Germany Tightens Grip on EU Posts as Draghi Succession Nears

  • Bundesbank’s Weidmann is a candidate for ECB President role
  • Country would hold four of region’s high-profile positions

Germany’s grip over the euro area’s financial institutions is getting firmer.

With the reappointment on Thursday of Werner Hoyer as president of the European Investment Bank, Germany’s hold over three key roles for the region’s economy was reaffirmed. A fourth one -- by far the most important -- could follow.

Bundesbank President Jens Weidmann is a frequently mentioned candidate to replace Italy’s Mario Draghi when his term as European Central Bank’s president runs out in October 2019, and Chancellor Angela Merkel may be prepared to back him if she is re-elected in the fall. Further complicating the succession talks will be the large number of European posts coming up for grabs in the next two years, as well as French President’s Emmanuel Macron stated intention of creating a euro-area finance minister.

If Weidmann were to become the first German to hold the ECB’s top spot, the euro area’s largest economy would hold even more of the region’s key roles. Klaus Regling was recently reappointed as managing director of the European Stability Mechanism, while Elke Koenig heads the Single Resolution Board, in charge of winding down the currency bloc’s insolvent banks. Her renewable term runs out at the end of this year.

“It does become a bit harder for Weidmann, but the big positions of the presidents of the ECB and the Commission are in a different ball park from posts at the EIB or the ESM,” said Erik Nielsen, global chief economist at UniCredit. “Should Merkel agree to Macron’s wish for a euro-area finance minister, I could imagine this new post being considered as prestigious as the ECB president and the two being traded against each other.”

Another euro-area role coming up is that held by Dutch Finance Minister Jeroen Dijsselbloem, who could be forced to relinquish the leadership of his euro-area counterparts, known as Eurogroup, after his party collapsed in elections earlier this year.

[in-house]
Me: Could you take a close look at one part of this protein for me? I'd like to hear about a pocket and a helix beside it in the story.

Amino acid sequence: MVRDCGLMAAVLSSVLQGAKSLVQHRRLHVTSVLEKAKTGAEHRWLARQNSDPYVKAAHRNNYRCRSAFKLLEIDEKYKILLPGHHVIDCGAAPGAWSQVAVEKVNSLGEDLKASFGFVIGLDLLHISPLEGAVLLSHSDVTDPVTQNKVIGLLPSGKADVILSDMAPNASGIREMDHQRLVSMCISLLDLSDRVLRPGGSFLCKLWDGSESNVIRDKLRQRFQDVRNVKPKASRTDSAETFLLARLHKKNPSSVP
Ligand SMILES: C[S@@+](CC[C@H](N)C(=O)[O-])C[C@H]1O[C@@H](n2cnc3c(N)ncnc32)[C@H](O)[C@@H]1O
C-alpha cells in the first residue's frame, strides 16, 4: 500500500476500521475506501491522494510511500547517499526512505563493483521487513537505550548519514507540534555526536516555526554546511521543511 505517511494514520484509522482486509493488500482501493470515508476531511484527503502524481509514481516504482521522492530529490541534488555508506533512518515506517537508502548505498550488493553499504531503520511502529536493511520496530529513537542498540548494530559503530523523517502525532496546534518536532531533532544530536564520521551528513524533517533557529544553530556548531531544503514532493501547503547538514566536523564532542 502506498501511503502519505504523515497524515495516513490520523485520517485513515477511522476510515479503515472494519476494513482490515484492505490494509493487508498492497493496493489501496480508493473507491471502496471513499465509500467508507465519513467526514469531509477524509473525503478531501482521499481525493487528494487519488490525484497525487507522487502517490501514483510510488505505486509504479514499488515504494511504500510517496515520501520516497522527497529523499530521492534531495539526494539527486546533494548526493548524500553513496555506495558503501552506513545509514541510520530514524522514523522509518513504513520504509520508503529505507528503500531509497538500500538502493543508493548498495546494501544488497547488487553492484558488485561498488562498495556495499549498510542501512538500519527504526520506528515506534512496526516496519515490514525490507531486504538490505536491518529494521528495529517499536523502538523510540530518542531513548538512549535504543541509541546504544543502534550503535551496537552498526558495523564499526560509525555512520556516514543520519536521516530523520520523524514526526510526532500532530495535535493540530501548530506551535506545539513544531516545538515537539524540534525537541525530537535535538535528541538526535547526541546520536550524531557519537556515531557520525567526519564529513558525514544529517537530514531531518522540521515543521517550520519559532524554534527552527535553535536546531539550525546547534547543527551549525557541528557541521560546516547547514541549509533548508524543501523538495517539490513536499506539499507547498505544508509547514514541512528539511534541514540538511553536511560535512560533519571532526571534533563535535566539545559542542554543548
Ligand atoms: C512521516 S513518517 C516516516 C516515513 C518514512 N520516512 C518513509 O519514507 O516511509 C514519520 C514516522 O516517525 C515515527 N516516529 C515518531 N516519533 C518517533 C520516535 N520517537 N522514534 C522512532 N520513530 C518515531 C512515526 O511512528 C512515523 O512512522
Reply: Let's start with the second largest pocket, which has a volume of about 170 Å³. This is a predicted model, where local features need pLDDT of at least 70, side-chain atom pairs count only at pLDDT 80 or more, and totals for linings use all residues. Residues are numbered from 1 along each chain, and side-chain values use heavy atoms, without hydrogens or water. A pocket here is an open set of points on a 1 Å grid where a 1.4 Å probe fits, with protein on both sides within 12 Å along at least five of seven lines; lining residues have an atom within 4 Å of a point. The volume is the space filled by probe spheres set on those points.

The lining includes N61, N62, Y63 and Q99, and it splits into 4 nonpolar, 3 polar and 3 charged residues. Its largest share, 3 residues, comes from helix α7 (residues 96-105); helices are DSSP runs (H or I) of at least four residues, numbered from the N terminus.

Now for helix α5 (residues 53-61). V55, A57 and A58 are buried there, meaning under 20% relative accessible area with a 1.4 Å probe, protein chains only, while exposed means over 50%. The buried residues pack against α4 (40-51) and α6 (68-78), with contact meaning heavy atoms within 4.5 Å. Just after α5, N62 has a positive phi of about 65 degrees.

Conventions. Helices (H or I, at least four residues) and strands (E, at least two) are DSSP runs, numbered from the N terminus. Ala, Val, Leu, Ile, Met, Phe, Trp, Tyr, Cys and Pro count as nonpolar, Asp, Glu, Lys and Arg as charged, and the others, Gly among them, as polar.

One of the challenges facing Weidmann on his path to the top floor of the Frankfurt-based ECB is convincing all euro-area countries that, as his predecessor, he would be ready to do “whatever it takes” to save the single currency in a crisis. The Bundesbank president has been a vocal critic of Draghi’s policies in recent years just as Germany’s public opinion became increasingly hostile to the ECB.

An alternative to Weidmann is his French counterpart Francois Villeroy de Galhau, according to media reports. Still, his candidacy may be weakened by the fact that he would be the second Frenchman to hold the ECB top job after Jean-Claude Trichet.

Any candidate requires the endorsement by all European Union finance ministers. They then need to sit through a hearing at the European Parliament, which casts a non-binding vote, before finally being confirmed by euro-area leaders for an eight-year term. The EU parliament has no power to block ECB appointments.

— With assistance by Catherine Bosley

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